How To Use Harmony In Songwriting

Posted by Mike Schuck

When writing your own music, harmony is one of the most important things you will learn! Harmonization is using or taking advantage of parallel chords to create new melodies and/or licks.

Harmony can be used for very short amounts of time (like a few seconds) or longer pieces of music (tunes). It’s usually not necessary to have lots of harmonic content in a song, but it helps to know how to use it properly.

In this article I will go over some basic chord structures that contain harmony, as well as some tips on how to use harmony in your songs.

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Look at the different genres of music

how to use harmony in songwriting

As we have seen, harmony is an integral part of song writing. There are many styles of songs that use little to no harmonic structure. Some examples include most rock songs, some folk songs, and even some soft ballads.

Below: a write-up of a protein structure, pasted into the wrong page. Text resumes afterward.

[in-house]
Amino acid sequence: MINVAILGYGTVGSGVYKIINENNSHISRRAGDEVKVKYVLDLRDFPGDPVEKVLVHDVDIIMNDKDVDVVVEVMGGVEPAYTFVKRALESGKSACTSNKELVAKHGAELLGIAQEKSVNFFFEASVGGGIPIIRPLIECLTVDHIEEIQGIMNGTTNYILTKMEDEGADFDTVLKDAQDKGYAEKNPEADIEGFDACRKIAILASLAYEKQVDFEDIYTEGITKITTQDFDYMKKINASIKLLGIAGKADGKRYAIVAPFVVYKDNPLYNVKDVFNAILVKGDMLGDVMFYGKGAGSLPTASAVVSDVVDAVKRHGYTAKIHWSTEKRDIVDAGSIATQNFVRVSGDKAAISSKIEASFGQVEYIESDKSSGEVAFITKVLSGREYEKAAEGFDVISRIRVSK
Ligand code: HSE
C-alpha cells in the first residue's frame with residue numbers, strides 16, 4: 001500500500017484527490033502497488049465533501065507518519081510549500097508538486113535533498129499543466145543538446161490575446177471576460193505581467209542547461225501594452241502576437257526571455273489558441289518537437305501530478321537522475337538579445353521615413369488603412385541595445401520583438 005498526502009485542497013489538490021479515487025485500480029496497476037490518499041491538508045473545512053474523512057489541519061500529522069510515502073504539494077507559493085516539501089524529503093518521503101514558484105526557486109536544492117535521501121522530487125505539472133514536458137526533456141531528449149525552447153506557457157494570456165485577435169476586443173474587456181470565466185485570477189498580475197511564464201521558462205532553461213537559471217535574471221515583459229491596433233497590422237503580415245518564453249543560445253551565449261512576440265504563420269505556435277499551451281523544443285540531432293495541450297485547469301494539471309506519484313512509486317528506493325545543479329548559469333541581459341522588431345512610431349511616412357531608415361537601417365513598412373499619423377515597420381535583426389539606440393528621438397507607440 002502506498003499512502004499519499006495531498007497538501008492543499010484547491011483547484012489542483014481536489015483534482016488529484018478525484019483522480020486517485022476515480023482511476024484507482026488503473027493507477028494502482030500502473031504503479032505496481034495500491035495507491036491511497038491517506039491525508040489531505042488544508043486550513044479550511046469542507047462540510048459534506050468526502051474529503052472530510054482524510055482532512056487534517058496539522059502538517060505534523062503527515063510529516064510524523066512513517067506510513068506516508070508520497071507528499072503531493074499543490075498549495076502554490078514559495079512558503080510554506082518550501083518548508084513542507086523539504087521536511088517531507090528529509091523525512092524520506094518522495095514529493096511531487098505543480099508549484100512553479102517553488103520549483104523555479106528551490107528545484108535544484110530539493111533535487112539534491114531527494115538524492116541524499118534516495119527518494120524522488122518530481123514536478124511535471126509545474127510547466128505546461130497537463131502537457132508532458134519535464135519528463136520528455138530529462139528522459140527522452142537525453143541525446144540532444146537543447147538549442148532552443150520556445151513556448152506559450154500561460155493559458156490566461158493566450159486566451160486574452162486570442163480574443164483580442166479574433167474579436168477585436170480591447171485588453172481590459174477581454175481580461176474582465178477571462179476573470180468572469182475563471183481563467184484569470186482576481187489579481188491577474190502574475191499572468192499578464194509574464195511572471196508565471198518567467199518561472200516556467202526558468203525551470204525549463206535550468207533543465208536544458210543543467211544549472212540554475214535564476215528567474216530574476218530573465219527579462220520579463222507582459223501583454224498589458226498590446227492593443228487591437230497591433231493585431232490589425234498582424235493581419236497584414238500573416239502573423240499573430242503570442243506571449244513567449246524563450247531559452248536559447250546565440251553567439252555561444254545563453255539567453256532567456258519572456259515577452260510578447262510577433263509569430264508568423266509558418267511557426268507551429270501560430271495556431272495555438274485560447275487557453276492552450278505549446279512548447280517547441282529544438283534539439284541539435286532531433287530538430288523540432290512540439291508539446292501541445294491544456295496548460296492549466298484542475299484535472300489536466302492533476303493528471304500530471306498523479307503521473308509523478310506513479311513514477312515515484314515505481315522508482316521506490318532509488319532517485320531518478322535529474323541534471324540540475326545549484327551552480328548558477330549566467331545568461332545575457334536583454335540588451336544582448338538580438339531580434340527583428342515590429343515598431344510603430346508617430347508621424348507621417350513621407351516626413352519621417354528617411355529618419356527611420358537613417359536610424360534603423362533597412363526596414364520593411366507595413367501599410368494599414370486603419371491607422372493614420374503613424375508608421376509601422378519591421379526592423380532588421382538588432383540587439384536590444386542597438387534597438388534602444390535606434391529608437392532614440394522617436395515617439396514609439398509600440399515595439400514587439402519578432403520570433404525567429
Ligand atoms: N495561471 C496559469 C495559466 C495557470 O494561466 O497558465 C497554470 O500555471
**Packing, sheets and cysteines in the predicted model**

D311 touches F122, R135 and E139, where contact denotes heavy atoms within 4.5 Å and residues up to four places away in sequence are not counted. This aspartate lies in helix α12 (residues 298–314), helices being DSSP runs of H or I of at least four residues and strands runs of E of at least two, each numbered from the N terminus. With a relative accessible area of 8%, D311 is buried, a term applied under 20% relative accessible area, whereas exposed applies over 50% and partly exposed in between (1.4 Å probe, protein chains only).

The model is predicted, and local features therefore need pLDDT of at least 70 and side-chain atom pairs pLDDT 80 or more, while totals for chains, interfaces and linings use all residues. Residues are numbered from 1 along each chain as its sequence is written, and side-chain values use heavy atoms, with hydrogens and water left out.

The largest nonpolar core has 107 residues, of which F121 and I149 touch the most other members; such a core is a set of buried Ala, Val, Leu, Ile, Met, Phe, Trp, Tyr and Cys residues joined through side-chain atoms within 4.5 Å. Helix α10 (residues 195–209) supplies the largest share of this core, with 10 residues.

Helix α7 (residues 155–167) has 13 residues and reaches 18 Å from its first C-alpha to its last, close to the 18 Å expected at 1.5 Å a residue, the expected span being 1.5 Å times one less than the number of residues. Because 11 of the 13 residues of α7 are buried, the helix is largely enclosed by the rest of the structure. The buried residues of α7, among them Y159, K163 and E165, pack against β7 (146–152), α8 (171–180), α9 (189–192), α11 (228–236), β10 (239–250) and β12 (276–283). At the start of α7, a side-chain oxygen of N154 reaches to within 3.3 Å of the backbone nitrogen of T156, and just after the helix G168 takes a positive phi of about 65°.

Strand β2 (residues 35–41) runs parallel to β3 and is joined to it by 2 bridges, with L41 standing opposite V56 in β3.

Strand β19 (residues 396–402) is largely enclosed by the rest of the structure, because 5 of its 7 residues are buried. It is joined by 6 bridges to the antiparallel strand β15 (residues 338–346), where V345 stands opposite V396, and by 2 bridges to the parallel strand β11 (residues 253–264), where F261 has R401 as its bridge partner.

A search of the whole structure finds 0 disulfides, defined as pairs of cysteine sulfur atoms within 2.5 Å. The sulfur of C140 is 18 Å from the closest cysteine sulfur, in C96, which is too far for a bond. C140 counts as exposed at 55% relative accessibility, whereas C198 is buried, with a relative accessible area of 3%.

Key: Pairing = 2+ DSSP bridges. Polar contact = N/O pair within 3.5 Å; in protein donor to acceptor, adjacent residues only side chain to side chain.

However, this article will focus more narrowly on using harmony in pop music. Many people associate the term “pop” with catchy melodies and lyrics, but not much else.

But what about those powerful vocal harmonies in your favorite tunes? The reason these songs sound so good is because musicians add harmony to the vocals and/or instruments.

It is very easy to add harmony to the vocals, by simply singing along as you normally would. But adding harmony to an instrument or group of notes is a little bit harder to do without knowing how!

Luckily, there are several types of chords that can be used for harmony. This article will go over the basics of chord theory, before exploring some strategies and tools to apply it to your songwriting.

Learn to read a song's lyrics

how to use harmony in songwriting

When writing your own songs, you will need to know how to interpret the lyrics of other people’s music first! This is an easy one to start with, as most artists release their songs for everyone to listen to.

By listening to a few songs from each artist, you can learn some basic tips such as what parts of the lyrics seem important, how they use rhyme or rhythm to tell a story, and how well the vocals match the rest of the music.